In our series of letters from African authors, Nigerian novelist Adaobi Tricia Nwaubani reviews the various attitudes of the abundant and bad towards coronavirus.
Many Nigerians celebrate that Covid-19 is generally targeting the country’s elite, particularly politicians, despite warnings that the life-threatening breathing illness might hit the poor.
The Nigeria Centre for Illness Control has actually recorded more than 600 cases given that completion of February – most of them individuals who had been abroad, and those they had actually communicated with after their return to Africa’s most-populous state, which has a population of about 200 million.
So far, Nigeria’s list of individuals who got or have died from Covid-19 includes President Muhammadu Buhari’s chief of staff, politicians, heads of government companies, previous ambassadors and their aides or loved ones.
These are the type of people who typically jet off to the UK, Germany, or the United States at the slightest headache due to the fact that Nigeria’s state medical facilities are improperly moneyed, run-down, and do not have sufficient equipment.
Nigeria: Secret truths
Population of about 200 m
50% reside in extreme poverty
70% do not have safe drinking water and sanitation
69% of metropolitan locals live in run-down neighborhood conditions
49% of children under five are stunted, too thin or overweight
23% of labour force is out of work
Source: World Bank, UN, Nigerian government and USAid
The 2020 government spending plan designates only about 4.5%of costs for health, less than the 15%target the African Union had actually set for governments in 2001
Physicians frequently start strikes over wages not spent for months.
Many of them seize any chance to work abroad – almost 2,000 of the physicians in the UK’s state-run National Health Service certified in Nigeria, according to a report provided to the UK’s parliament in 2015.
Nigerians invested more than $1bn ($800 m) on treatment in abroad health centers in2013
President Buhari promised to end “medical tourist” when he took power in 2015, but he himself invested more than 4 months in London in 2017 getting treatment for a concealed health problem and subsequently returning to the UK capital for additional care.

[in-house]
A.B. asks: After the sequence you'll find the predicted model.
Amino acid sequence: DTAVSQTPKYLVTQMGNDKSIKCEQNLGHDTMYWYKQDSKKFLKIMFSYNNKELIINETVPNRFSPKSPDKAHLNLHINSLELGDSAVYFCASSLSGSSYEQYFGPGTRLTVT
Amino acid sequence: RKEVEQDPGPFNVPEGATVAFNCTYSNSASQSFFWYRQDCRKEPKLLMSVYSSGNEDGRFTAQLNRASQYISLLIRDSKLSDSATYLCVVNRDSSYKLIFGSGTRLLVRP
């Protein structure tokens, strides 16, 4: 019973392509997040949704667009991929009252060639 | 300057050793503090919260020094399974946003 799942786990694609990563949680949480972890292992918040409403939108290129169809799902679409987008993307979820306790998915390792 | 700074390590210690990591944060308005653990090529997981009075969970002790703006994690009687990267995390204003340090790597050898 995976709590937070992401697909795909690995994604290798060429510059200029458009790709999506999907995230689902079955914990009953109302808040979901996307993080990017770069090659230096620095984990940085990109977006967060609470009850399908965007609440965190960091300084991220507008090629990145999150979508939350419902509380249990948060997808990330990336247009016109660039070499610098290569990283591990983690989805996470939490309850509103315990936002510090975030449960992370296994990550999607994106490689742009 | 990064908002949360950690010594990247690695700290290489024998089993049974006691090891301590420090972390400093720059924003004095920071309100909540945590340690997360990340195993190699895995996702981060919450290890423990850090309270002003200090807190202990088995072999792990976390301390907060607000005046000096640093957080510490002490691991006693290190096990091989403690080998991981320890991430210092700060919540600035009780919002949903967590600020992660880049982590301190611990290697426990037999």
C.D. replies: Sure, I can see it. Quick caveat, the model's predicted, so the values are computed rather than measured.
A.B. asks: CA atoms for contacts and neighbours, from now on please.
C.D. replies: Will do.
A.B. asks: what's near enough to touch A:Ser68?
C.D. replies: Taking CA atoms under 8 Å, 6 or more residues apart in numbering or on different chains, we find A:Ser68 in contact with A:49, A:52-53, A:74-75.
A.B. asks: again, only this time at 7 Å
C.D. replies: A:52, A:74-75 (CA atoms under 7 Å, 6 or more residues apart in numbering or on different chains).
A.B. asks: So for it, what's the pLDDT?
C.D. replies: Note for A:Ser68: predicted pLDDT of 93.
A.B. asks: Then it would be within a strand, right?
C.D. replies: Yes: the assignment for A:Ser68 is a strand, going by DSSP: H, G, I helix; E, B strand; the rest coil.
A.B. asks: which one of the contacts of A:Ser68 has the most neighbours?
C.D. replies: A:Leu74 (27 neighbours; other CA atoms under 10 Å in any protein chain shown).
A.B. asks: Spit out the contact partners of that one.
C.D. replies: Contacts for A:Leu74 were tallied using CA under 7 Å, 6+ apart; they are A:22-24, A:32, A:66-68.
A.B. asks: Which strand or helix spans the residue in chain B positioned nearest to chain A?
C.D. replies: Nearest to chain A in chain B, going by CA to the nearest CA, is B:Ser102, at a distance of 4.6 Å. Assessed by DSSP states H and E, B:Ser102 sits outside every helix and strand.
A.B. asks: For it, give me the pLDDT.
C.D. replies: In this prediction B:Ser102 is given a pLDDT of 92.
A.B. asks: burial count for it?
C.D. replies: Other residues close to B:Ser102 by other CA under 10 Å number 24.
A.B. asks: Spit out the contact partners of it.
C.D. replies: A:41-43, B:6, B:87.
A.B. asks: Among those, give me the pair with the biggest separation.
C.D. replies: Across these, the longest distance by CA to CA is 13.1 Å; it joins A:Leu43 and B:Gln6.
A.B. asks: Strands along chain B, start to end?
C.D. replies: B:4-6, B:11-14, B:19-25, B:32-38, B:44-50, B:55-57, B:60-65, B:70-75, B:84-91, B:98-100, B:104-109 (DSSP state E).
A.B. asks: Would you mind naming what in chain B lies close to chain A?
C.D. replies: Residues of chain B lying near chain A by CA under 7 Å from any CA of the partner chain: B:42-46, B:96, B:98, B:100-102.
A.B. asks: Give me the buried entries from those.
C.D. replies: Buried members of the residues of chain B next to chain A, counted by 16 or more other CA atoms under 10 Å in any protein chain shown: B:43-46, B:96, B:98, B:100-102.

But with borders closed and each country haunted by its own Covid-19 problem, Nigeria’s big males and females are now required to use their country’s healthcare facilities, prompting a stream of taunts and jokes.
” This is your penalty for not buying your country’s health system,” some state.
” I believed our hospitals were unsatisfactory for you,” others state.
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Some Nigerians also hoped that the “selectiveness” of the infection might be God’s way of causing modifications in their federal government.
They locked on to rumours that Mr Buhari, 72, had been contaminated by his chief of personnel, and was gravely ill on a ventilator.
The less malicious folk shrouded their terrific hope in a prayer: “Let God’s will be done.”
‘ God pulled a fast one’
Upset at the expressions of ill will towards his employer, governmental representative Femi Adesina said: “Why do some people conjure absolutely nothing however evil? In 2017, while President Buhari had his medical obstacle, they were on an orgy of negative dreams, misinformation, and disinformation.
” But God pulled a fast one on them. He brought the president back, as right as rain. Haven’t they discovered their lessons?”
The rumours finally ended after Mr Buhari – looking well – was videoed in a meeting with senior health officials.
Covid-19 is absolutely one location where the nation can not afford to have equality
As Ogun governor Dapo Abiodun said at the 30 March launch of a Covid-19 seclusion centre in his state: “Contrary to the incorrect belief, this infection is not for the rich or elite alone. Everyone is at danger.”
So while the lockdown triggers much trouble and difficulty for all Nigerians, specifically the poor, it assists to preserve the large gulf that exists in society, hence avoiding those at the top from sending the virus to those at the bottom.
Nigeria’s gross inequality has actually frequently been criticised, and rightly so, but the spread of Covid-19 is absolutely one area where the country can not pay for to have equality.